Stormwater Conference

The Canterbury earthquake sequence resulted in significant changes to the land drainage network in Christchurch. In order to better understand the impacts of the earthquakes on flooding the Christchurch City Council (CCC) undertook an ambitious three-way coupled hydraulic modelling project across almost all of ‘flat-land’ Christchurch. This will be used by the Land Drainage Recovery Programme (LDRP) to support identification and prioritisation of repair and remediation options. It will also be a powerful tool for CCC to use to investigate resiliency of the city against climate change and sea level rise effects.

The goal of the modelling was to establish earthquake effects and to develop a tool to inform options assessments. The level of detail required to accurately quantify the effects and to support investigations required modelling of the road corridors, 304 km of waterways and 554 km of pipes down to 300 mm diameter across an area of 17,195 ha. The high level of detail was required to capture the full extent of the earthquake changes, for example, settlement in areas remote from the main river channels. These project requirements have led to innovative modelling approaches.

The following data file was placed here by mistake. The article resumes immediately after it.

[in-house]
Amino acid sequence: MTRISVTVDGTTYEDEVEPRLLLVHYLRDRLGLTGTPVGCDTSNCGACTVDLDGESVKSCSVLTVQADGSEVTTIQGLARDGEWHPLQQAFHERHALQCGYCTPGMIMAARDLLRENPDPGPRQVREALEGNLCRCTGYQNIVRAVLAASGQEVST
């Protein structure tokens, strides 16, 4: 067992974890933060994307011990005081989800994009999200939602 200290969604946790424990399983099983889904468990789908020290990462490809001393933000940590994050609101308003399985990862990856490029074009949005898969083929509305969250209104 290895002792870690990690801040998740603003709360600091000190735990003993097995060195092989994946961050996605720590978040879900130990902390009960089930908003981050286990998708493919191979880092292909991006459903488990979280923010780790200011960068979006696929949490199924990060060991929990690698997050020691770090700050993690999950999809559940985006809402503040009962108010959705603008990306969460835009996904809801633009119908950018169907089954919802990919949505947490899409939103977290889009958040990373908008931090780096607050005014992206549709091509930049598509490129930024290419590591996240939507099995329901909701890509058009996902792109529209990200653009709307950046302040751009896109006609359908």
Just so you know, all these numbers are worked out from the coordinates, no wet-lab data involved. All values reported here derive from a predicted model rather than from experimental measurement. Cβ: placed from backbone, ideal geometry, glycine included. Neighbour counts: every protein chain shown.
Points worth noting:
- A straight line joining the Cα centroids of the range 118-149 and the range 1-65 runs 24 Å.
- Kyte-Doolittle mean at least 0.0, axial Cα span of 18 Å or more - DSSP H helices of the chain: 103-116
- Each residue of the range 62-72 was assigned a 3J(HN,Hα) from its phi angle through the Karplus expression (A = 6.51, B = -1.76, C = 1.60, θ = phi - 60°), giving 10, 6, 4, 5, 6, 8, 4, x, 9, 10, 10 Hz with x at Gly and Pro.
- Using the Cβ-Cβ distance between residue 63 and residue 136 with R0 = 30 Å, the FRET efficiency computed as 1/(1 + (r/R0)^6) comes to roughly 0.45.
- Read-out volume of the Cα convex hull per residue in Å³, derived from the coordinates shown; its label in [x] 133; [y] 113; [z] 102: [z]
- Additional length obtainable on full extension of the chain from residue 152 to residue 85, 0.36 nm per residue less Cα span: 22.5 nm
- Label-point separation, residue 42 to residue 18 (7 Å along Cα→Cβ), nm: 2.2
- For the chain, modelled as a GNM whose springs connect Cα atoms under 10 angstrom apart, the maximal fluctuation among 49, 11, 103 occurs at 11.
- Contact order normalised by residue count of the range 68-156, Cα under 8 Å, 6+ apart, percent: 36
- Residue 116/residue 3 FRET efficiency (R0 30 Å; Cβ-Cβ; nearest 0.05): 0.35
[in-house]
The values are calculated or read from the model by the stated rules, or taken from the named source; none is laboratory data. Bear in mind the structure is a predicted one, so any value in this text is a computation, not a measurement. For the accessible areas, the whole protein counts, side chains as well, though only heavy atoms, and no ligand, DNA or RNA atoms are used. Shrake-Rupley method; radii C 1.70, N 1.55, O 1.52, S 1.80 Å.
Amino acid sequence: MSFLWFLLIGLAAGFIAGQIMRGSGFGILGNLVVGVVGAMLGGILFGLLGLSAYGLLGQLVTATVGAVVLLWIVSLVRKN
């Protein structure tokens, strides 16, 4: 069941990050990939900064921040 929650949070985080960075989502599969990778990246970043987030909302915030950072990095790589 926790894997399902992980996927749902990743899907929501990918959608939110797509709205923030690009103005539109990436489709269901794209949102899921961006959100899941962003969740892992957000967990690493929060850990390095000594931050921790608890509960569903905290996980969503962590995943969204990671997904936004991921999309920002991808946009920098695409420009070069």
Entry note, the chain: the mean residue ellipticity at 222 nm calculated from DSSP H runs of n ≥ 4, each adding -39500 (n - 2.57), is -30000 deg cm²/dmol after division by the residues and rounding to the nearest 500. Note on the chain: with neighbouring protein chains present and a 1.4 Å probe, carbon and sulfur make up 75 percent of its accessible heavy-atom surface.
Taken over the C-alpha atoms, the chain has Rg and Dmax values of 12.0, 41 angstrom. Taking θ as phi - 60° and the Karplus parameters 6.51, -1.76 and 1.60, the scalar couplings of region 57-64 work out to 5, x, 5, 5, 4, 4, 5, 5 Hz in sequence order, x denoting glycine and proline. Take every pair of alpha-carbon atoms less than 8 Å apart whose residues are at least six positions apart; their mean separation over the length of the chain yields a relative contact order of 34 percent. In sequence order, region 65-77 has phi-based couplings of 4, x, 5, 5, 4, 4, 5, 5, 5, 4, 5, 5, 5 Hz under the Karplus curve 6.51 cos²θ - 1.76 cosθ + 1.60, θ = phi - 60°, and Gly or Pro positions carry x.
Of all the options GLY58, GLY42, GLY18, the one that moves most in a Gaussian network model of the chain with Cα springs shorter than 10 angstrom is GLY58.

This paper briefly explains the scale of the problem, solution definition, model development and some of the early findings of the modelling. Some of the challenges that were overcome include; building a high resolution surface model following a significant change to the land surface, deciding how a pre-earthquake model should be defined, building a large complex model that runs quickly, dealing with inter-catchment flows in very flat topography, addressing data gaps, and meeting tight programme deadlines. The paper also explains the benefits and detriments of the approach and how an open dialogue between the Council and the Consultant led to a robust and powerful tool.

Conference Papers Resource - Conference Papers Stormwater

1. Parsons & Preston - Christchurch City Mega Model - Magic or Madness.pdf

1 MB
16 Jan 2017